A push slice golf shot is one where the ball starts to the right of the intended target and then curves even more to the right during it's flight, finishing further right of the target.
It is caused by swinging the golf club so that the club head travels on an in to out swing path with the club face open. To explain exactly what that means, place an alignment pole on to the ground to represent the target line, or the line that we want to hit the ball down. The far side of this line is known as the outside and the side that you are standing on is known as the inside.
A push slice ball flight happens when you swing the club head from the inside of the target line to the outside, or far side of the line, with the club face aiming right of this direction of travel. The ball will start to fly right of the target because of where the club face is aiming, which is to the right of the target, but it will then curve further right in the air due to the difference between the club face angle and the direction of travel of the club head. Any difference between where the club face is aiming and the direction of the club head’s swing path produces backspin that has a tilted axis. This tilted axis backspin results in a curved ball flight when the ball is in the air and as a result of the club face aiming right of the swing path, the curvature is to the right so the ball finishes further right of the target.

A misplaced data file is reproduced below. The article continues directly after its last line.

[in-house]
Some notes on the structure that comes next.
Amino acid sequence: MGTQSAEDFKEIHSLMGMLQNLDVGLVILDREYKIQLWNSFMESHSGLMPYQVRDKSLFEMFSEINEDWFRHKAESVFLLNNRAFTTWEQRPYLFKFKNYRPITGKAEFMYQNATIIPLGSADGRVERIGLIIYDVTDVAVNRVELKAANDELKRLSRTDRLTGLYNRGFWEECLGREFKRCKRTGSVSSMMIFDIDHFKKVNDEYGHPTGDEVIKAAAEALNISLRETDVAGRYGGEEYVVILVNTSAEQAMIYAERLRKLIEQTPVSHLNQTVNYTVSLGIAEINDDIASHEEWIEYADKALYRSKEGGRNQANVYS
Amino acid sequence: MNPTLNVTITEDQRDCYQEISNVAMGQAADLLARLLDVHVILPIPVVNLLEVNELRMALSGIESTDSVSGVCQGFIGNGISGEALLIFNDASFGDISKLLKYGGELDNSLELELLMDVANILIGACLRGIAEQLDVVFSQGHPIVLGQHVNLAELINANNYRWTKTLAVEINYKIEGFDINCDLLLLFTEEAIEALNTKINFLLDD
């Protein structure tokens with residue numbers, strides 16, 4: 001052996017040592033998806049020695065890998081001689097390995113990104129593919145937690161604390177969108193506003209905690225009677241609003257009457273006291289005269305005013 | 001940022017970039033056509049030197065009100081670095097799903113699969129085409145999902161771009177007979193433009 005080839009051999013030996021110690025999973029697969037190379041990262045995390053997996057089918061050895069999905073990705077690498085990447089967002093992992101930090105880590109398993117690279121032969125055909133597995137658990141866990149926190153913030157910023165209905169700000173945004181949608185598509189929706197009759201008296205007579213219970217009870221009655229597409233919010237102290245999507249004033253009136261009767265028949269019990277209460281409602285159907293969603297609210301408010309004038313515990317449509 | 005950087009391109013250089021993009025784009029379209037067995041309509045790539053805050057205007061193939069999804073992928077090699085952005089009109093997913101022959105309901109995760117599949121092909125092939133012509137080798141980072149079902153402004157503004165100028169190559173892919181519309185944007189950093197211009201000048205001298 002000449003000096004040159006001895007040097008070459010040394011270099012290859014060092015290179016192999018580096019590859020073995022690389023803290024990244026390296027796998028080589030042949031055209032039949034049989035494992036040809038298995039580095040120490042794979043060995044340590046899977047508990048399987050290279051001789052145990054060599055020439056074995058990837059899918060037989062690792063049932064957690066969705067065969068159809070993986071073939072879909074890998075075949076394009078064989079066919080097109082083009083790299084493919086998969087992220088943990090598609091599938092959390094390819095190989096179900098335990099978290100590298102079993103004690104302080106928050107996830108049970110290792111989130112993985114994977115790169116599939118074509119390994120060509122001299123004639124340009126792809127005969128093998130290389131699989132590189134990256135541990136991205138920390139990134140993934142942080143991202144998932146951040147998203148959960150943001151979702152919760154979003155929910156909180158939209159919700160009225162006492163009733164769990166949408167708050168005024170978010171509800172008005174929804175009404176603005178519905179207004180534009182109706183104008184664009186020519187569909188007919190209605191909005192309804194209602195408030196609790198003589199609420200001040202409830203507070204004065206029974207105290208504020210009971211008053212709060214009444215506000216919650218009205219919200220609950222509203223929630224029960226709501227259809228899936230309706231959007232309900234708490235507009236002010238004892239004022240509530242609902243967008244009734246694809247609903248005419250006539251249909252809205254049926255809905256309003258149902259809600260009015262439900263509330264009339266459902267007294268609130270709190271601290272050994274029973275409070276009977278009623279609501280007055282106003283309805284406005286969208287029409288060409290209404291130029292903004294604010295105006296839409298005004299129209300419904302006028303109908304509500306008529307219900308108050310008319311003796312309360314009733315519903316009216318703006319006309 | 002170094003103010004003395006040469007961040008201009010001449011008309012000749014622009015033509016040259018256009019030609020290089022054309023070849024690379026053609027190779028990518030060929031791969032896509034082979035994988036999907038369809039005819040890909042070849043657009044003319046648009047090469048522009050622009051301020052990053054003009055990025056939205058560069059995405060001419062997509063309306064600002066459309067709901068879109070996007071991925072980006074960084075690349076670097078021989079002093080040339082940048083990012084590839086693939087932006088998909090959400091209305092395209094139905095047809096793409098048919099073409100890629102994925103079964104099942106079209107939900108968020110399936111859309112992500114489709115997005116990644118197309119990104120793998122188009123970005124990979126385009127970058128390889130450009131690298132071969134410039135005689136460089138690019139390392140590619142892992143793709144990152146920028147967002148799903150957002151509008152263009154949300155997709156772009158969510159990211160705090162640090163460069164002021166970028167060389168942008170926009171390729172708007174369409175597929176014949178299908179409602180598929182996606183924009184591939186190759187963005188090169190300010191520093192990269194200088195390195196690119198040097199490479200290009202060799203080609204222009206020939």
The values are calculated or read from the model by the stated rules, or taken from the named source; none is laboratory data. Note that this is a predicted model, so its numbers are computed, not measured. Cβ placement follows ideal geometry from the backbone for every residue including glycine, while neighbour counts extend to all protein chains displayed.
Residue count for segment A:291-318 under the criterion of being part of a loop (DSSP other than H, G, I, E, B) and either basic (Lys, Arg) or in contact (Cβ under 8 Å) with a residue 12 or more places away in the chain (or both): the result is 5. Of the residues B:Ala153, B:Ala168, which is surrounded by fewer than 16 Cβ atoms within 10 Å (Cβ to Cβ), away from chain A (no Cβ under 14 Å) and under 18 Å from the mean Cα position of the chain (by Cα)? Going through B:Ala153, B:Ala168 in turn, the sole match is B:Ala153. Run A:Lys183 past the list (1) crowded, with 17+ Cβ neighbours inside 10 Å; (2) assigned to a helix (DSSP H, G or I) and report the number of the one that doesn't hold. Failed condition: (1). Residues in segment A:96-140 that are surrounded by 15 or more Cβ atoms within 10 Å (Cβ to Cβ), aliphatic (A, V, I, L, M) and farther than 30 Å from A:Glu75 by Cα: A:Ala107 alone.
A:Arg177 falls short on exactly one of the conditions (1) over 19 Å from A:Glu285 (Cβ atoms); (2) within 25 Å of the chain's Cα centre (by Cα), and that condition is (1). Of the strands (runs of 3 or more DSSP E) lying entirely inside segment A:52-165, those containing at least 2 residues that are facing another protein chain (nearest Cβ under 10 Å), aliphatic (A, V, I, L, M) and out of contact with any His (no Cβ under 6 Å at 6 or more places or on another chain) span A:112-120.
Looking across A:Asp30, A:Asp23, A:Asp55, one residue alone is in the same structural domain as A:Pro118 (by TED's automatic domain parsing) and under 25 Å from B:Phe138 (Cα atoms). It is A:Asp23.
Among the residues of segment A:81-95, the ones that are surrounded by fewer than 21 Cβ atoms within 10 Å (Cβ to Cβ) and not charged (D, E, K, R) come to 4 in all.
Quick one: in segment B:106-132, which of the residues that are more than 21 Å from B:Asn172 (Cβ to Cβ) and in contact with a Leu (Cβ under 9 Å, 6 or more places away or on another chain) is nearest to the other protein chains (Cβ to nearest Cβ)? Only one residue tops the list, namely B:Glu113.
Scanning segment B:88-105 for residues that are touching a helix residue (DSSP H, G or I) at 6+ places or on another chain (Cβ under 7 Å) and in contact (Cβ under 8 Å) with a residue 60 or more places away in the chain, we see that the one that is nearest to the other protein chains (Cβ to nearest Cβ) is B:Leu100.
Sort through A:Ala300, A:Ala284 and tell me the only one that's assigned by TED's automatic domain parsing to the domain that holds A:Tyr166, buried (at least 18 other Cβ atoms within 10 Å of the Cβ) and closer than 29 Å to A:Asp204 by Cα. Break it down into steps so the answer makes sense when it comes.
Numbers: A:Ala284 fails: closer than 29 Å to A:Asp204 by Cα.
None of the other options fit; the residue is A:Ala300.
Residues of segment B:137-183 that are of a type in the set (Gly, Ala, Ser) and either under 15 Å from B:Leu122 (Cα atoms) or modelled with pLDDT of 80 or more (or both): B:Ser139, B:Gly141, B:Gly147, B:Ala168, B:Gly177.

In order to hit a straight shot rather than a push slice, we need to swing the club head along the target line with the club face aiming along the target line and this will produce a straight ball flight. A great drill to encourage you to do this is as follows. Place an alignment pole or club on the floor to represent the target line. Now take six golf balls. Place three of them on the outside of the target line and three on the inside. Of the set of three, one needs to be placed two to three inches directly opposite the ball on both the outside and inside of the target line. Then place two more balls, one on the outside and one on the inside, one inch to the left of this and the final two, one inch to the right. This will create a channel for you to swing the club head through.
Make some practice swings and work on striking the club head into the ground in the centre of the channel, without hitting any of the additional six guide balls. As you do this, keep the club face aiming along the target line at the target, until the club head has swung through the guidance channel. Once you feel more confident and comfortable with this and you find that you are not hitting any of the guidance balls, start to hit balls again working on achieving swinging the club head through the centre of the channel (along the target line) with the face aiming at the target as you do this.
With some hard work on getting this movement correct, you will very shortly be hitting much straighter and longer golf shots and getting back to really enjoying your game.